As head of the Department of Human Development and Family Science at Virginia Tech, I have struggled to compose the right words to articulate the mix of emotions that many of us are feeling during this most challenging time in the history of our country — the resounding calls for steps toward racial justice and the amelioration of inequities alongside the resounding silence and isolation created by COVID-19.

Oscar Grant. John Crawford III. Michael Brown. Amadou Diallo. Atatiana Jefferson. Tamir Rice. Eric Garner. Sandra Bland. Ahmaud Arbery. Breonna Taylor. And now George Floyd. We also recognize LGBTQIA+ victims of hate crimes … Alunte Davis, Paris Cameron, Chynal Lyndsay, Tony McDade, Ronald Peters, and Timothy Blanch. We should not forget the terror and murders committed in the Emanuel African Methodist Episcopal Church in Charleston, South Carolina, and the Pulse nightclub in Orlando, Florida.

These are the names of people whose lives have been recently taken by the sickness of intersecting and interlocking systems of oppression — racism, sexism, homophobia, ageism, ableism, transphobia, and xenophobia. Together, we mourn the countless losses of our fellow Americans and others around the world. As family and developmental scientists, we understand how these devastating losses and violence affect families.       

In a joint statement issued on May 31, President Tim Sands and Vice President for Strategic Affairs and Diversity Menah Pratt-Clarke encouraged Hokies to remember our aspirations toward social justice. They also reminded us that with having those aspirations, there is accountability:

At Virginia Tech, we have anchored that aspiration in our Principles of Community, but principles only become meaningful if they are acted upon. Our strategic plan, The Virginia Tech Difference — Advancing Beyond Boundaries, takes the principles one step further to actionable priorities and accountability. Let’s work together to ensure that Virginia Tech becomes a model for a just and equitable learning community that prepares the next generation to lead in a new and better world.

On June 1, Dean Laura Belmonte of the College of Liberal Arts and Human Sciences described our own college as the home to the liberal arts and human sciences at Virginia Tech. As such, she wrote in a statement, our college has “a focus on how people have used their power to transform oppressive systems and effect social change.”

Let us join with President Sands, Vice President Pratt-Clarke, Dean Belmonte, and others in departments and units throughout Virginia Tech on this endeavor to make a difference.

We — the faculty, staff, students, and alumni of the Department of Human Development and Family Science — can make that difference. For more than 20 years, it has been my privilege and experience to see that HDFS Hokies do not merely dream, but we are active doers and life changers. HDFS Hokies actively serve in communities here and globally with the deliberate intent to make the world a better place for children, couples, families, and communities. Kindness, civility, reflectivity, passion, and empathy are not local commodities; rather, they can be shared, expanded, and modeled. We are a discipline whose scholars and practitioners educate and heal.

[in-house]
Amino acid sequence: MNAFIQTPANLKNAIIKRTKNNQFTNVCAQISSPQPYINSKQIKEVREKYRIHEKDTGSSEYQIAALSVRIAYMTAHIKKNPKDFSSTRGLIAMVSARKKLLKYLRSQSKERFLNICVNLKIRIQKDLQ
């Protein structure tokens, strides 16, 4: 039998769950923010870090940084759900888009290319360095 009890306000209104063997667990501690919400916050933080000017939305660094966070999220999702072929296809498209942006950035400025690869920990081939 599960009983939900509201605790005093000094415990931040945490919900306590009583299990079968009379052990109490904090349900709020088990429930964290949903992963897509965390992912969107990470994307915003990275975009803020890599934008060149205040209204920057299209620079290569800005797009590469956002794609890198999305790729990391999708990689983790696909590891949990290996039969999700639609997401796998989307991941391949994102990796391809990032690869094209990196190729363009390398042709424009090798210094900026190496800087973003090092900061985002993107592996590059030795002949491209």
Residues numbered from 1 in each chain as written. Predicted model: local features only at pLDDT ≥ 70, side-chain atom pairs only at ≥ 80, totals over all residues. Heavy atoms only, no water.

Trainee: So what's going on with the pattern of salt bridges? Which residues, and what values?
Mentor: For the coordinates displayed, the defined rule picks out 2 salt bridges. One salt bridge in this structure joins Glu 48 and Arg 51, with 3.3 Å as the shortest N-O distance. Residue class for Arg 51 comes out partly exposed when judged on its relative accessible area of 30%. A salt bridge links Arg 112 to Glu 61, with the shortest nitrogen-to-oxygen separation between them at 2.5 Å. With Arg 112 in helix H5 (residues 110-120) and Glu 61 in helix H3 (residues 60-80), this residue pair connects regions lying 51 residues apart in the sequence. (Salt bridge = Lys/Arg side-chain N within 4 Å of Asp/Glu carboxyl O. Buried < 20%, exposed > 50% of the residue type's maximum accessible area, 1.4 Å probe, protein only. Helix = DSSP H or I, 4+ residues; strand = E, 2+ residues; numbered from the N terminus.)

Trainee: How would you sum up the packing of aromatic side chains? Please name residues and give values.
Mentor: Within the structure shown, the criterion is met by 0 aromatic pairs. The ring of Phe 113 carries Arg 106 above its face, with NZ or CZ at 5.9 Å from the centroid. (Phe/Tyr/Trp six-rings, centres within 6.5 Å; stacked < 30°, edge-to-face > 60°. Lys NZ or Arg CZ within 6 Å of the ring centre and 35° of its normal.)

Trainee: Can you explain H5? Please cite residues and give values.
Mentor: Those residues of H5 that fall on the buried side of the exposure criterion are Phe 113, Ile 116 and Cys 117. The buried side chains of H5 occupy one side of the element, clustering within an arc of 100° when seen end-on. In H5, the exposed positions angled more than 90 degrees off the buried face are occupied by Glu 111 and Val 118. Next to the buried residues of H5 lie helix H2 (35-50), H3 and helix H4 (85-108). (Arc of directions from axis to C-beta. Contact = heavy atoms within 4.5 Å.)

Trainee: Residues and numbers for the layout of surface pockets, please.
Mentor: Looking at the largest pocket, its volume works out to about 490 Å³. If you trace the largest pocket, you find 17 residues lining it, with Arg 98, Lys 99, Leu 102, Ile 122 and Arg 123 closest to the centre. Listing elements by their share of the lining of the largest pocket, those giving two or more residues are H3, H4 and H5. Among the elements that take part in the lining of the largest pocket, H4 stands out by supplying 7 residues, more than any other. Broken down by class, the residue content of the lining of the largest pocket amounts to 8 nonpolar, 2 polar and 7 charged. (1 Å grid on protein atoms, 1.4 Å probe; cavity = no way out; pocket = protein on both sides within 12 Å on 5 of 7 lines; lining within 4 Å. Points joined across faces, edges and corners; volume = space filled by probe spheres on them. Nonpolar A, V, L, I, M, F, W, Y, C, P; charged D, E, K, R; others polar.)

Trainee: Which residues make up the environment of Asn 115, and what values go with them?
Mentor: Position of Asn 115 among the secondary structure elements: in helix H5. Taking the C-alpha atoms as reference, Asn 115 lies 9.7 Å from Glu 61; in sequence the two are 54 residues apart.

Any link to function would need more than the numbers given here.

The Department of Human Development and Family Science encourages our students and alumni to use the knowledge and skills that we have imparted to you in your classes, service-learning opportunities, and field studies to reject, with conviction, discriminatory and marginalizing actions, beliefs, and practices that degrade people, keep us disconnected from one another’s humanity within divisive ideological silos, and result in senseless tears and deaths.

We encourage you to build connections, to further educate yourselves so that you can engage in difficult conversations about diverse social identities and privilege, and to provide potential allies with a chance to become a part of a positive coalition for authentic change.

Through education, service, and empathy, we can build a common ground. We encourage you to contribute actively to efforts to support health, well-being, healing, and connection in our communities. We honor the ways in which you will contribute, as they are as diverse as all of you.

Poet and activist Lindsay Young recently shared:

Resistance is NOT a one lane highway. Maybe your lane is protesting, maybe your lane is organizing, maybe your lane is counseling, maybe your lane is art activism, maybe your lane is surviving the day. Do NOT feel guilty for not occupying every lane. We need all of them.

This is a moral moment and an opportunity for all of us to stand up united against institutional racism and other systems of oppression that sustain structural disparities and inequities. This is our chance to be courageous enough to choose hope, dignity, and action.  

Although I began this statement reflecting upon my own experience to put my thoughts into words, I am part of a community of scholars and practitioners within an academic department. Faculty members in this department also contributed their words and hope into the refinement of this collaborative statement.

In peaceful solidarity,

April Few-Demo
Professor and Head
Department of Human Development and Family Science

Virginia Tech